Fake T213 Coupon and Rare T206 Backs Provide a Valuable Reminder

Pre-War Card Magazine

The rebacking of cards has been a popular scam in the past. That practice, if you’re not aware of it, is taking a card, skinning an unpopular back off of it and adding a more desirable back to it.

Rebacking is generally done for two reasons. In some cases, cards that have been glued into scrapbooks and then removed have heavily damaged backs. Adding a new back as a replacement fixes that damage. In other cases, cards with perfectly good backs have been replaced with fake backs of ultra scarce cards.

This is probably best seen in the cases of T206 cards, which have numerous backs – some much more valuable and desirable than others. In this scam, a collector would take a card with a common back and replace it with a much more scarce back to make it a more expensive card.

A new surge in…

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Sex Sells: Women were popular in 1800s baseball issues

Pre-War Card Magazine

When most collectors think of 1800s baseball, they generally think of some of the game’s biggest stars, like Cap Anson, Tim Keefe, and King Kelly. But while those players are certainly littered throughout 19th Century issues, one of the more unique trends in the 1800s was to actually include women in baseball card sets.

The idea to use women on cigarette cards, of course, isn’t a surprise. Sex sells and that’s true whether you’re trying to move tobacco or cars. But what was kind of fascinating is that women were routinely pictured as actual players even though women’s baseball teams weren’t (at least not in widespread fashion) really a thing back then.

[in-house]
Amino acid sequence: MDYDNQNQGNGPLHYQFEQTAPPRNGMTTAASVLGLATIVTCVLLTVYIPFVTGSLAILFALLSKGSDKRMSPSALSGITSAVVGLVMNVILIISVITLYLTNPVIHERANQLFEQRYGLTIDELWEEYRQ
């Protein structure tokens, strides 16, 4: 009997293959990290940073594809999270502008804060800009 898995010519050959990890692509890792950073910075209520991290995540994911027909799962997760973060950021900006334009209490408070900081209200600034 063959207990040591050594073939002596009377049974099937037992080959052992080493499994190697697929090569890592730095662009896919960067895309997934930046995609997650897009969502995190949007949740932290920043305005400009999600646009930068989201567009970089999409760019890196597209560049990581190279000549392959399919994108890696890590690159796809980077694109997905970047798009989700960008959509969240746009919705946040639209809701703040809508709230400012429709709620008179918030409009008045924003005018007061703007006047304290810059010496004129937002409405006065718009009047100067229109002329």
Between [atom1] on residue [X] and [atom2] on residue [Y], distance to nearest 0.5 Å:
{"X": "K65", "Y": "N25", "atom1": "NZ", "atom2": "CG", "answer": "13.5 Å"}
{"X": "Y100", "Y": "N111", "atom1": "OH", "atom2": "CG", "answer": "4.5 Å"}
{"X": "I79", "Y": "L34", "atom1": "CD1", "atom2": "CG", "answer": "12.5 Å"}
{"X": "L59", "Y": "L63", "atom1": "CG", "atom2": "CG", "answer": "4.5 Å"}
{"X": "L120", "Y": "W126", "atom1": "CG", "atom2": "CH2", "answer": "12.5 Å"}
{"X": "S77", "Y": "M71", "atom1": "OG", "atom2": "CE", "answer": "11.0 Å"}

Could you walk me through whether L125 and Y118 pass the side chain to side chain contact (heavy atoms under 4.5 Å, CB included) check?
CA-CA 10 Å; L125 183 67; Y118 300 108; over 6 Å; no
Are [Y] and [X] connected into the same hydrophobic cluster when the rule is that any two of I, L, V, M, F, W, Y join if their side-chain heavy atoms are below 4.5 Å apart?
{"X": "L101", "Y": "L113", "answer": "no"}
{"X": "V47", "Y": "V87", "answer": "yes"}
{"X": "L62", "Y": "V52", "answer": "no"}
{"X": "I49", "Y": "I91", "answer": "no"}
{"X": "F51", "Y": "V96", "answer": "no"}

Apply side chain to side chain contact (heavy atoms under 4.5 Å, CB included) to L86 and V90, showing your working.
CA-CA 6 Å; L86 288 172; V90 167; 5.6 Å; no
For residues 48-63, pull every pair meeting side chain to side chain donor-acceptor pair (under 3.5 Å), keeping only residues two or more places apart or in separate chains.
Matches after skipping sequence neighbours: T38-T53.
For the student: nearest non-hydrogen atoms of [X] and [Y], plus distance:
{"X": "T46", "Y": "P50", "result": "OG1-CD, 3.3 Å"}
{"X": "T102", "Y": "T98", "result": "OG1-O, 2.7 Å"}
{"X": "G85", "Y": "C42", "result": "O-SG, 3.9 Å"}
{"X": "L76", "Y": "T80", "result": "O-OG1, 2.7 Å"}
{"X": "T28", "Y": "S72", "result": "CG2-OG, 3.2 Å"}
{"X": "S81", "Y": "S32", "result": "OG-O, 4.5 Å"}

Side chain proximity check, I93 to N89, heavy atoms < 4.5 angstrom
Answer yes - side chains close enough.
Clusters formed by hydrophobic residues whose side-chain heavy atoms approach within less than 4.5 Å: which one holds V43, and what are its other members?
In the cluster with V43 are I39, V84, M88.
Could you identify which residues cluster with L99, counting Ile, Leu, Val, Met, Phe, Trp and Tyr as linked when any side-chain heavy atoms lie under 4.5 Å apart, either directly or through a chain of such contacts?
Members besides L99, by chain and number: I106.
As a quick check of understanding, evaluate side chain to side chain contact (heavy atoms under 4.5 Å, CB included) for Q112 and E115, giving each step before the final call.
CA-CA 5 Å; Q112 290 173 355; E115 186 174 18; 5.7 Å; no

What’s more is that most of the women’s baseball cards weren’t really produced in large numbers. They are often very difficult to find and, as a result, pretty expensive with many of them topping $100 for even low-grade…

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When World War I hit, baseball card production dropped

Pre-War Card Magazine

While pre-war cards are associated with World War II, issues from the World War I era always fascinate me. Production of tobacco and caramel cards was at an all-time high around 1910 but, as you might expect, production of baseball cards heavily dipped during World War I.

Even if you only count the massive T206 set as one release, there were still about 100 baseball card sets printed from 1909 through 1913. From 1914 through 1918? Similar to T206, if we count the M101-4 and M101-5 sets as one set (they had many sponsor advertising backs), there were only about 1/3 as many printed.

Many of those sets, too, were of the smaller or regional variety. Only a few major sets were printed during that time and here’s a look at most of them.

1914 and 1915 Cracker Jack (E145)

14CJ 103 JacksonThese were among the most significant sets to come out…

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Ten Ways to Help Avoid Fakes in the Vintage Card Market

Pre-War Card Magazine